16. The EU welcomes the recent confidence building steps by Greece and Turkey, as well as the announcement that they will resume their direct exploratory talks aiming at the delimitation of the Continental Shelf and Exclusive Economic Zone of the two countries. These efforts need to be sustained and broadened.
17. At the same time, the European Council strongly condemns violations of the sovereign rights of the Republic of Cyprus which must stop. The European Council calls on Turkey to abstain from similar actions in the future, in breach of international law. The European Council underlines that delimitation of the Continental Shelf and Exclusive Economic Zone should be addressed through dialogue and negotiation in good faith, in full respect of international law, and calls on Turkey to accept the invitation by Cyprus to engage in dialogue with the objective of settling all maritime-related disputes between Turkey and Cyprus.
18. The European Council supports the speedy resumption of negotiations, under the auspices of the UN, and remains fully committed to a comprehensive settlement of the Cyprus problem within the UN framework and in accordance with the relevant UNSC resolutions, including UNSC resolutions 550 and 789, and in line with the principles on which the EU is founded. It expects the same of Turkey. The EU stands ready to play an active role in supporting the negotiations, including by appointing, upon resumption, a representative to the UN Good Offices Mission.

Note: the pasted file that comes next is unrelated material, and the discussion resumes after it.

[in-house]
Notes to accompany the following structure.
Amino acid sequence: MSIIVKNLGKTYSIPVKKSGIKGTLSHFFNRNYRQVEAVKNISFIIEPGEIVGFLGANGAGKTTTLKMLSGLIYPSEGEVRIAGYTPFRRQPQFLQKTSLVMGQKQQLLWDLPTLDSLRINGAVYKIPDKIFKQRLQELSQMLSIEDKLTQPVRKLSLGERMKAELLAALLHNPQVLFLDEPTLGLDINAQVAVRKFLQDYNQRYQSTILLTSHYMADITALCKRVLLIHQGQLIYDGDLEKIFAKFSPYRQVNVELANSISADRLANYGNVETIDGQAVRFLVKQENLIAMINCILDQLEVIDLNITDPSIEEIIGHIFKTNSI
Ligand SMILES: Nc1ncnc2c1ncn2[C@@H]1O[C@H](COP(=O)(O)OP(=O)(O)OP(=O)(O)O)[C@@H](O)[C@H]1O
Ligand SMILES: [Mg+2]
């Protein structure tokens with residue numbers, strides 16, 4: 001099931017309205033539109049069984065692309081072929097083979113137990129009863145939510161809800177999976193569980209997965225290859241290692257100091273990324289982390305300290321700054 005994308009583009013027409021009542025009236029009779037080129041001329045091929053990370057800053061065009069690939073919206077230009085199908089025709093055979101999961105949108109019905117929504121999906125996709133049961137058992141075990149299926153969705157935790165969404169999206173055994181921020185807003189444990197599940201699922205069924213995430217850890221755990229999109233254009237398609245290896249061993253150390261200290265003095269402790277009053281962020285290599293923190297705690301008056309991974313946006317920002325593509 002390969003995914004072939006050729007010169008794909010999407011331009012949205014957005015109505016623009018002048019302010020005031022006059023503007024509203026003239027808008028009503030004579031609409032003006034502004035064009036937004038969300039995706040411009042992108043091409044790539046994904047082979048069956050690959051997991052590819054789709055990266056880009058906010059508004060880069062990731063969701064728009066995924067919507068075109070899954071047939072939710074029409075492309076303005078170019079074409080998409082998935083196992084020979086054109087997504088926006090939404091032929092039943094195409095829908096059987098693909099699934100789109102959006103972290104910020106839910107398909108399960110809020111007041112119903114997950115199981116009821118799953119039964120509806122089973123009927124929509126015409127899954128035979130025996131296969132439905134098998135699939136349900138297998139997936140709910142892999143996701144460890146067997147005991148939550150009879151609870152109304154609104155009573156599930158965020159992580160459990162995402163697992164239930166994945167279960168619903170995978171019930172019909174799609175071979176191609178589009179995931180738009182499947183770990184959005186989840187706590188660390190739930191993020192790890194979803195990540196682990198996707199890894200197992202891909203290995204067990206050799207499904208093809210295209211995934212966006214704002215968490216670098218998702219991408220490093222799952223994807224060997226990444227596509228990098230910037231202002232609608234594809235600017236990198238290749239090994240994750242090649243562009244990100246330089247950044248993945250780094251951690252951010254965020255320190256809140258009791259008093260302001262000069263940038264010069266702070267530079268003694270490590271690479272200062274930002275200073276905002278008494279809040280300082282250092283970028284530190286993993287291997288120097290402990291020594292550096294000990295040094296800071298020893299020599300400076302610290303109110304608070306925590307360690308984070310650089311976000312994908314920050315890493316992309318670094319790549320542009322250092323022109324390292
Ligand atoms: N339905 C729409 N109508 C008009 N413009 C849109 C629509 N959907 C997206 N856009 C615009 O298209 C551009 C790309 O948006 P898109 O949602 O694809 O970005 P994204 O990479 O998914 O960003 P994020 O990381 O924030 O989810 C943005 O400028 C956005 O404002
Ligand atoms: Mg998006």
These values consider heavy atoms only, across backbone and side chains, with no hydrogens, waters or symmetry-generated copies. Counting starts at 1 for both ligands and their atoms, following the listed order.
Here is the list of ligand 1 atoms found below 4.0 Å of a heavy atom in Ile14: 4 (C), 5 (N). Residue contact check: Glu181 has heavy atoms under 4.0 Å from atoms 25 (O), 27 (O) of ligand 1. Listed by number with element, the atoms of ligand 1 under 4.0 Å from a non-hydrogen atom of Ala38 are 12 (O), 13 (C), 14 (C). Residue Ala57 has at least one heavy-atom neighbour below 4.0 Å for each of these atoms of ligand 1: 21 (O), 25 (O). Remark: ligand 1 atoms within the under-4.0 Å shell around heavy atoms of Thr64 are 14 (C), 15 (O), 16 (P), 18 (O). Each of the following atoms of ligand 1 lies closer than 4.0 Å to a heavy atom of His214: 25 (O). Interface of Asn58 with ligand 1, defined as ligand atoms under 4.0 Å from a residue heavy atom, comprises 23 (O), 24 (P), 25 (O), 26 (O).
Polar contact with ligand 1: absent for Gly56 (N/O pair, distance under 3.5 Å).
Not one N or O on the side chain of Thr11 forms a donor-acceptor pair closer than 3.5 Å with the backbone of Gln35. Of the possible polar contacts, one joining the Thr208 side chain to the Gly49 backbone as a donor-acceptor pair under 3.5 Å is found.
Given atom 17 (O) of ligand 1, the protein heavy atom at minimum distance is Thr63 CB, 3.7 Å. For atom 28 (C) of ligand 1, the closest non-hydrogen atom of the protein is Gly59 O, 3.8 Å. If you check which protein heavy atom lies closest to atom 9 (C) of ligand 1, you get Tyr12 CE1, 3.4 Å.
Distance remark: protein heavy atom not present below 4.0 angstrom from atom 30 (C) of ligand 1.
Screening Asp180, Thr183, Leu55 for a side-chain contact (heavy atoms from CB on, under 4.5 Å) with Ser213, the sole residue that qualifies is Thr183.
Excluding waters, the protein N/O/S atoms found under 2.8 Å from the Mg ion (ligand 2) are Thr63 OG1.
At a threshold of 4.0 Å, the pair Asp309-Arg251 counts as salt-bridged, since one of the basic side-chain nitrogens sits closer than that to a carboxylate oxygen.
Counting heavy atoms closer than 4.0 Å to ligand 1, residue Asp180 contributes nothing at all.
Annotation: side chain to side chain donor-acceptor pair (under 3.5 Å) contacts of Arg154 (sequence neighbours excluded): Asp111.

19. Provided constructive efforts to stop illegal activities vis-à-vis Greece and Cyprus are sustained, the European Council has agreed to launch a positive political EU-Turkey agenda with a specific emphasis on the modernisation of the Customs Union and trade facilitation, people to people contacts, High level dialogues, continued cooperation on migration issues, in line with the 2016 EU-Turkey Statement. The European Council invites its President, in cooperation with the President of the Commission and with the support of the High Representative, to develop a proposal for re-energising the EU-Turkey agenda to this effect.
20. Recalling and reaffirming i.a. its previous conclusions on Turkey of October 2019, in case of renewed unilateral actions or provocations in breach of international law, the EU will use all the instruments and the options at its disposal, including in accordance with Article 29 TEU and Article 215 TFEU, in order to defend its interests and those of its Member States.
The European Council will continue to closely monitor developments and will revert accordingly and take decisions as appropriate at the latest at its December meeting.
21. Finally, the European Council calls for a Multilateral Conference on the Eastern Mediterranean and invites the High Representative to engage in talks about its organization. Modalities such as participation, scope and timeline will need to be agreed with all involved parties. The Conference could address issues on which multilateral solutions are needed, including maritime delimitation, security, energy, migration and economic cooperation.